We chose Gist 2.1.1 [17] as our SVM software due to its tailored interface for microarray data and because of its use in [3]. We tested several different values via crossvalidation for the following tuning parameters in SVM: the type of kernel (linear, polynomial, and radial basis functions), the misclassification penalty (diagfactor in Gist), and the width factor (widthfactor in Gist) that controls the bandwidth of the radial basis kernel, which is calculated as (width) × (width factor). The "width" is taken to be the median distance from a data point to its nearest neighbor of the opposite class; the "width factor" is specified by the user. Further details on the parameter selection process are elaborated in the "Methods" section.
Performance evaluation
Although classifiers are typically evaluated by the misclassification rate in the statistics and machine learning literature, it is not a useful criterion for functional genomics from a biologist's point of view. Since the most interesting functional categories are those that are fairly rare, the vast majority of genes would not be associated with such a category. This means that even poor classifiers can achieve very low misclassification rates by simply predicting that no genes are associated with that category (i.e. by classifying everything to the majority class). Instead, suppose the prediction algorithm ranks genes according to predicted likelihood of association to that category (e.g., FAM can rank genes using estimated posterior probabilities via naïve Bayes – see the "Method" section). Biologists are most interested in using a computational algorithm to generate a list of candidate genes which can be further investigated in the lab. Since such investigations are often labourious and costly, a highly relevant measure of success should determine whether the algorithm ranks the truly associated genes ahead of the unassociated ones.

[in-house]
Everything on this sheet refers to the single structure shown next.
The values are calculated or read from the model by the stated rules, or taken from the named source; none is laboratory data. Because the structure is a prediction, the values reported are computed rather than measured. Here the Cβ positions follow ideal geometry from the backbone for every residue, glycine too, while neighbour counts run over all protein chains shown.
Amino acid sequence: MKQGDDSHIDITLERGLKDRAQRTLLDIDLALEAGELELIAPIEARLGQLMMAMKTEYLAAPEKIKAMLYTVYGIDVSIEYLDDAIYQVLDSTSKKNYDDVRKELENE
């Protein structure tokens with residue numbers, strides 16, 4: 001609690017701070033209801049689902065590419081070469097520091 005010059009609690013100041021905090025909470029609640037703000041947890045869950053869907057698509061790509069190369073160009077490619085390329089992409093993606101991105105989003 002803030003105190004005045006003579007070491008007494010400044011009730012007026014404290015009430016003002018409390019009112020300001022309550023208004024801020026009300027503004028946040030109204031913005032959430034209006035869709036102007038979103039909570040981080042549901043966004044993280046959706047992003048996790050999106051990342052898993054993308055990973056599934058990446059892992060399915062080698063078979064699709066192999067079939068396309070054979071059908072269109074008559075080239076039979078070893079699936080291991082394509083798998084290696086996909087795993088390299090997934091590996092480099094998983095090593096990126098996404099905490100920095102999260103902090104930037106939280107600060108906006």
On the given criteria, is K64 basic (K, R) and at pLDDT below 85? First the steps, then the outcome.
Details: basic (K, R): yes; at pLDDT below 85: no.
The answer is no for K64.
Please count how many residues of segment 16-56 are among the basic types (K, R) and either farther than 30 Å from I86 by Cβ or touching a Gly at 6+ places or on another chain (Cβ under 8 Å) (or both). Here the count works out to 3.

In the biomedical literature, prediction accuracy is often evaluated by sensitivity and specificity [18]. Suppose we focus on m <p topranked genes. Sensitivity is the probability that a gene appears in this topranked list given that it is truly associated, whereas specificity is the probability that a gene does not appear in this list given that it is not associated. They both depend on the number m, the size of the topranked list. The 2 × 2 Table 1 shows how these quantities can be calculated. Hence, we have:
The number m is typically determined by external factors such as how much funding there is to perform confirmatory experiments. Full confirmation or rejection of a putative association predicted from a genomewide scan will typically involve classical experiments from molecular biology or biochemistry over a longer time span. A given lab may decide to pursue a few of these candidate genes, taking into account their ranking from prediction tools as well as additional information such as specific reagents needed and lab's area of expertise. However an intermediate screening step which we have in mind, such as quantitative RTPCR, may be performed on a larger subset of candidates.
Table 1. Illustration of performance metrics. A hypothetical table illustrating 4 possibilities in predicting one GO category.
In order to compare two prediction algorithms, one needs to decide on the threshold m. Objectively derived statistical thresholds are hard to estimate and do not always reflect the reality of the biologist. We decided on a fixed threshold of m such that the topranked list consists of 10% of the genes, which we felt was a realistic compromise. For example, yeast has about 2000 uncharacterized genes, and attempting to furtherscreen the top 200 of them by lowerthroughput methods such as quantitative RTPCR would be feasible in a typical lab.
For predicting rare functional categories, sensitivity is more important than specificity. Again, refer to Table 1. By definition, s is small compared to p for rare functional categories. Clearly, b <s. Therefore,